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High Pressure Aeroponics

Discussion in 'Aerogardeners' started by ZxcStaz, Jan 10, 2018.

  1.  
    jonsnow399

    jonsnow399 Well-Known Member

    I don't wanna hijack the thread but I saw you comment on the youtube vid with a atomizer fogger, you said it wouldn't work because of the size of the drops, but at 25 psi it puts out 30 to 100 micron droplets, wouldn't that work?
     
  2.  
    Atomizer

    Atomizer Well-Known Member

    I guess thats the microfog / aerolife nozzle? I acquired one for testing several years ago and although the fog looks impressive its no good for aero. The ultrasonic resonator tube on the front of the nozzle is designed to generate very small droplet sizes even at low air pressures. If you buy one and find its no good, you can always use it as a paperweight ;)
    nozzle paperweight.JPG
     
    PetFlora likes this.
  3.  
    jonsnow399

    jonsnow399 Well-Known Member

    I think I can find a paperweight cheaper than 199.00 lol
     
  4.  
    ZxcStaz

    ZxcStaz Active Member

    Hi Jonsnow,
    Totally cool, anything aero that you post helps me too. I'm always learning, and I figure if it adds to the knowledge, it's not hijacking at all. Thanks for the input and interest!
     
    jonsnow399 likes this.
  5.  
    ZxcStaz

    ZxcStaz Active Member

    I have thought about this, and since I am still in the design stage of the root zone chamber (RZC), I might integrate root mats and the polypropylene (PP) walls. The PP walls would be half walls, as the 4'x8' tray walls have a 7" wall height already. The bottom of the tray would be covered with the root mats, to restrict root growth into the water runoff. I would still insulate the top from the light zone, and pump cool air to the area below, which contains the RZC. I think I can make the PP walls detachable for viewing or nozzle replacement, and that they will allow air flow to the chamber to remove any accumulated heat. What PP fabric do you use, and would you suggest any alterations to this design?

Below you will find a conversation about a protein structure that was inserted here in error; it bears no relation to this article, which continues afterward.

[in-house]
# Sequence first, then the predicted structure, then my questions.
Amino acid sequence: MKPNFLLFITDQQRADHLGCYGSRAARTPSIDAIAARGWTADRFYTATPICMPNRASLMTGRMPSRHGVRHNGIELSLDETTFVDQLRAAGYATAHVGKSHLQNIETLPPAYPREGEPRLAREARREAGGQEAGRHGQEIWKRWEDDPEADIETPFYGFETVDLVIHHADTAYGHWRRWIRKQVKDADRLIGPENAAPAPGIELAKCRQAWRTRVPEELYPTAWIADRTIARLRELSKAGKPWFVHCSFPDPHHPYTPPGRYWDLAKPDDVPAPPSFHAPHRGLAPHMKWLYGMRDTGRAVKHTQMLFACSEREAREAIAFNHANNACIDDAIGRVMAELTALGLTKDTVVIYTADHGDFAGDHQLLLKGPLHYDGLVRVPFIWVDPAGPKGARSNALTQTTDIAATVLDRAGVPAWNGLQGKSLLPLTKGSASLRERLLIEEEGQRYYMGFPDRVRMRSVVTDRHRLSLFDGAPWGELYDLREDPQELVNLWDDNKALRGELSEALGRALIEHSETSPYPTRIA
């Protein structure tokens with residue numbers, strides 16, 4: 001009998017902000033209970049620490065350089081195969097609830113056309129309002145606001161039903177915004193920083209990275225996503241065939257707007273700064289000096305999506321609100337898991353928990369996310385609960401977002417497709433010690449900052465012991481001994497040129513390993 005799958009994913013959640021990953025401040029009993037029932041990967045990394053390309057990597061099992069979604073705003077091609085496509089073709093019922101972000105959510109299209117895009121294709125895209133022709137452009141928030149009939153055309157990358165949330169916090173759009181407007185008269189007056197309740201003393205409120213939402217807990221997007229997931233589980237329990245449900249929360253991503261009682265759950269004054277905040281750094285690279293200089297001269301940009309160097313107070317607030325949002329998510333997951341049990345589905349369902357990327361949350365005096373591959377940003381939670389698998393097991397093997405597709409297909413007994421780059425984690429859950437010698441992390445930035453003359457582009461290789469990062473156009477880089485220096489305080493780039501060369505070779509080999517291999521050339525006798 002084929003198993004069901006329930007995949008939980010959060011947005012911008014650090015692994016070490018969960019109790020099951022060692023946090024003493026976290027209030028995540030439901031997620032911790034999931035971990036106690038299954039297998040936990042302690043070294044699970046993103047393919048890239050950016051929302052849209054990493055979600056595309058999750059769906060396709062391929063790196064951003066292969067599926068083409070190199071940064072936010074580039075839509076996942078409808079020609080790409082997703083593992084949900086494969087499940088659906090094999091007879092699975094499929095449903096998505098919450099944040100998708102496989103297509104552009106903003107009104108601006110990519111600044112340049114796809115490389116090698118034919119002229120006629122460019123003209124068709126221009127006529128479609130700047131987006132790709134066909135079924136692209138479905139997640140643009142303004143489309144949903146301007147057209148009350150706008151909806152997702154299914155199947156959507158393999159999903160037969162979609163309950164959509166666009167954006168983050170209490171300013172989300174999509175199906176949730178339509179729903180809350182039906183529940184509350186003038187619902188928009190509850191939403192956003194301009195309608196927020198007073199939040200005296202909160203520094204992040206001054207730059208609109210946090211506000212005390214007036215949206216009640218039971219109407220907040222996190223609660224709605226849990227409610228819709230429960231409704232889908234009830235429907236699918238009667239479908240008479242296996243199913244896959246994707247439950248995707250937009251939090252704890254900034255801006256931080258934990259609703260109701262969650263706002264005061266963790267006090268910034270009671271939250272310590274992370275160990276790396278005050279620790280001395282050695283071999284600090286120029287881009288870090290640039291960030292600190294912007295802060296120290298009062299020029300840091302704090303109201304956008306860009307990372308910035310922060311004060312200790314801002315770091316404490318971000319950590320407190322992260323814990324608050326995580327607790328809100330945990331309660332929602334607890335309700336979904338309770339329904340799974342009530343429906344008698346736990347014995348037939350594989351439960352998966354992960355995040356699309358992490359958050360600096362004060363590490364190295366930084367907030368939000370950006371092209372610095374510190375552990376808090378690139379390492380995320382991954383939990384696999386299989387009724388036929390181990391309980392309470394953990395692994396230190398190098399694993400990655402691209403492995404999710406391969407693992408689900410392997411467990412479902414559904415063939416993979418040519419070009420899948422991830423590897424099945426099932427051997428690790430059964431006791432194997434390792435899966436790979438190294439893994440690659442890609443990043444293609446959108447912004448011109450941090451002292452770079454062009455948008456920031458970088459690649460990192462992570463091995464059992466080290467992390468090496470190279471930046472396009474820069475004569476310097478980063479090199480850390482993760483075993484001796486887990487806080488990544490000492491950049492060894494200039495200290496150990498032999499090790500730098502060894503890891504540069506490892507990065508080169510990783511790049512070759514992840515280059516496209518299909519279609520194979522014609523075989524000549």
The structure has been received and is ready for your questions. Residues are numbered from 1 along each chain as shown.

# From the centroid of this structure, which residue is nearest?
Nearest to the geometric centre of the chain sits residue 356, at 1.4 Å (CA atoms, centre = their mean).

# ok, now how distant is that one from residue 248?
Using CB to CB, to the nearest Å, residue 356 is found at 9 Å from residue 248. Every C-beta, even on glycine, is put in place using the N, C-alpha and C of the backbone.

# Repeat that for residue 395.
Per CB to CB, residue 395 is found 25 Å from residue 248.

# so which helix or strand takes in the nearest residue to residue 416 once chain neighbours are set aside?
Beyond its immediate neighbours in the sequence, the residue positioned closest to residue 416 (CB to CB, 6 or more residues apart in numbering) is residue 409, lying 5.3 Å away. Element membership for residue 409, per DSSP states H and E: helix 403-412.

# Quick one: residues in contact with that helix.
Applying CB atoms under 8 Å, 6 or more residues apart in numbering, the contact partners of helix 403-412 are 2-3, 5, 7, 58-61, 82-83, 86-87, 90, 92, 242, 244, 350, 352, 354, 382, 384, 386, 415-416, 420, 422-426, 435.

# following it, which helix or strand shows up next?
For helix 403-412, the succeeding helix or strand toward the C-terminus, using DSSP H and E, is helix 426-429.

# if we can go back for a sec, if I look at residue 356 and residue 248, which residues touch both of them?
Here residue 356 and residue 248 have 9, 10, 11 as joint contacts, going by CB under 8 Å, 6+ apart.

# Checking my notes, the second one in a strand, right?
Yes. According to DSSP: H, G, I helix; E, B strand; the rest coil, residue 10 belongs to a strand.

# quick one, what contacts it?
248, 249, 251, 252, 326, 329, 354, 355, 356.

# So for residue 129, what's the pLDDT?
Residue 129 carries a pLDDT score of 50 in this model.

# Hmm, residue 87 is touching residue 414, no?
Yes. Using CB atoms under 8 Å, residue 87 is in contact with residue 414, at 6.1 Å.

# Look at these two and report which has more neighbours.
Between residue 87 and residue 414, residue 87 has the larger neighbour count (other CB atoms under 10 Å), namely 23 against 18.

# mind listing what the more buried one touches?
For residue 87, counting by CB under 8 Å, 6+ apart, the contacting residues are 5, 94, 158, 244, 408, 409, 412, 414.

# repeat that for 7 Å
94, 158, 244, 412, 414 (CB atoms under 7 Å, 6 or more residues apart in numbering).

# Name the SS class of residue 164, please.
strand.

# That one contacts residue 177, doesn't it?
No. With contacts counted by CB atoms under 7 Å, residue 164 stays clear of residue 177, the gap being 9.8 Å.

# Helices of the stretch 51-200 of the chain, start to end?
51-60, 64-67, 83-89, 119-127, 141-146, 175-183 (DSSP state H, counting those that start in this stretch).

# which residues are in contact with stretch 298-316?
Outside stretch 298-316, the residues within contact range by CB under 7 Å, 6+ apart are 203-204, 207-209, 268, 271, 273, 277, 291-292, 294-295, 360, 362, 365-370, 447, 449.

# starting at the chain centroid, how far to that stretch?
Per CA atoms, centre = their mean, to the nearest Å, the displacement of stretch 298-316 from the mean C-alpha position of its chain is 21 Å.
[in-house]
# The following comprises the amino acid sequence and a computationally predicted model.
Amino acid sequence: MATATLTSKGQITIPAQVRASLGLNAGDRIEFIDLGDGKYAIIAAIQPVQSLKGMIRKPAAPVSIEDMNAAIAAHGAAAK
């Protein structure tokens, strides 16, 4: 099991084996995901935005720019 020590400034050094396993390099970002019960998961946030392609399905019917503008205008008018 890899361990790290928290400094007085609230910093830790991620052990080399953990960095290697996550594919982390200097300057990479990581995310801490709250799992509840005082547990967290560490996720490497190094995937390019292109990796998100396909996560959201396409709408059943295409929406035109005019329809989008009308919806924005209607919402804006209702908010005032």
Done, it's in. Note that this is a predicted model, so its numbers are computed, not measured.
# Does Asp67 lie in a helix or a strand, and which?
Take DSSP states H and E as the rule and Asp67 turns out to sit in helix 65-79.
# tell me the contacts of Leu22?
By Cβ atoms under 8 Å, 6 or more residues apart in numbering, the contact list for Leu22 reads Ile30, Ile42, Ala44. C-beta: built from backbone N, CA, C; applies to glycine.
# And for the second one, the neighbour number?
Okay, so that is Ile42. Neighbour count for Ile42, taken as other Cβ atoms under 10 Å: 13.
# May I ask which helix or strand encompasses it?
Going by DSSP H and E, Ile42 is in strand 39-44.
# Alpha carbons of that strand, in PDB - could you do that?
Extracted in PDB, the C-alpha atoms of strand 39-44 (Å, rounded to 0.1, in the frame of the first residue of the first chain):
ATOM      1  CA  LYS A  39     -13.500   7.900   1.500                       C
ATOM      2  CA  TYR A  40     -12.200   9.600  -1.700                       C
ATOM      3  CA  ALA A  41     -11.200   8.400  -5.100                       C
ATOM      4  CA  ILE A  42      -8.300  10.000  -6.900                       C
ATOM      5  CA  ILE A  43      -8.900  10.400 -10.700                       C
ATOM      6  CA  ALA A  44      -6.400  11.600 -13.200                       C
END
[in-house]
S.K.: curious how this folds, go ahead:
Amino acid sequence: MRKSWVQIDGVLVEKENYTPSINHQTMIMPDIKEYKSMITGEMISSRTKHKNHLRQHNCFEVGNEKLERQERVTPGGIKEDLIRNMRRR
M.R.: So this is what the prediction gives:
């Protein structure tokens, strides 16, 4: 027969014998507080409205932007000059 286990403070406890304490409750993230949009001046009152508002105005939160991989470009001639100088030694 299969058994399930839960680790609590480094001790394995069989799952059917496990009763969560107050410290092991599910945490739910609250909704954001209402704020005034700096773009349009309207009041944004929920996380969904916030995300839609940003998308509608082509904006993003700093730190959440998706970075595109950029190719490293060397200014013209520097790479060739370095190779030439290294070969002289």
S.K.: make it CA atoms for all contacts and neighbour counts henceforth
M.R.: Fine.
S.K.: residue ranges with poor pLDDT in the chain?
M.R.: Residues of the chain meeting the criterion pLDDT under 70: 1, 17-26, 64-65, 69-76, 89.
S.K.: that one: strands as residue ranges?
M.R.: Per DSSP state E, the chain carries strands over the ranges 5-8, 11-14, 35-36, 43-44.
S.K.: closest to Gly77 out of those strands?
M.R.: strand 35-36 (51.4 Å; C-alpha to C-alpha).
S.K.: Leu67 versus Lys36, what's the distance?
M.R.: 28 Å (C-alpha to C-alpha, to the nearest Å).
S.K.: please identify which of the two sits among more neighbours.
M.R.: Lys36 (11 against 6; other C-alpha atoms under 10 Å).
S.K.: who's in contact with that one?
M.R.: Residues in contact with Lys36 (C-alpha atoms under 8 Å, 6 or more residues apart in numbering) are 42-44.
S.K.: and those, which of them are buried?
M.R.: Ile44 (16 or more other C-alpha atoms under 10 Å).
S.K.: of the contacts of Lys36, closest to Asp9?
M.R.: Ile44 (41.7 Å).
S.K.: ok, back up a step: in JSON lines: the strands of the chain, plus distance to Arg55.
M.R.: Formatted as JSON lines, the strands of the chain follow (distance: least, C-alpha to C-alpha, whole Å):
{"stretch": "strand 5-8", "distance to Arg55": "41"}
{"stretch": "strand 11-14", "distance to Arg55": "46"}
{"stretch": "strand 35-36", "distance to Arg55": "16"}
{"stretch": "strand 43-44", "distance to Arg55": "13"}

6.  
    Atomizer

    Atomizer Well-Known Member

    I use permatron, a very heavy duty black woven PP fabric commonly used for trampoline jumpmats. For detachable panels i`d use a velcro fixing method. To fabricate entire root chambers i weld the panels together using a handheld crimp sealer (see pic). A folded strip of baking parchment prevents the crimp plates from sticking. The 15mm wide seals are permanent and indestructable, located on the outside edges of the "box" so they can be used as fixing flanges. The fabric root chambers use passive evaporative cooling. As air passes over the outside surfaces of the fabric box, excess moisture in the fabric is evaporated and carried away. The sensible energy required for the phase change is taken from the inside of the chamber which cools it. Mist evaporating inside a well sealed root chamber, contrary to popular belief, doesnt provide much in the way of evaporative cooling, the chamber RH% is too high and there isnt enough air flow.

    [​IMG]
     
  7.  
    HydroLynx

    HydroLynx Member

    Research the "Boundry Layer hypothesis" in hydroponic science, it's a strong argument to not: (1.) have huge root mats, (2.) and/or running a system ignorant to this. Just because one may run HPA aero with 20ppm O2 does in no way mean that your roots are getting that. I find much how-to articles on google ignore that simple reality. So did I while I was experimenting with low flow rates and tiny tubes until I learnt the hard way.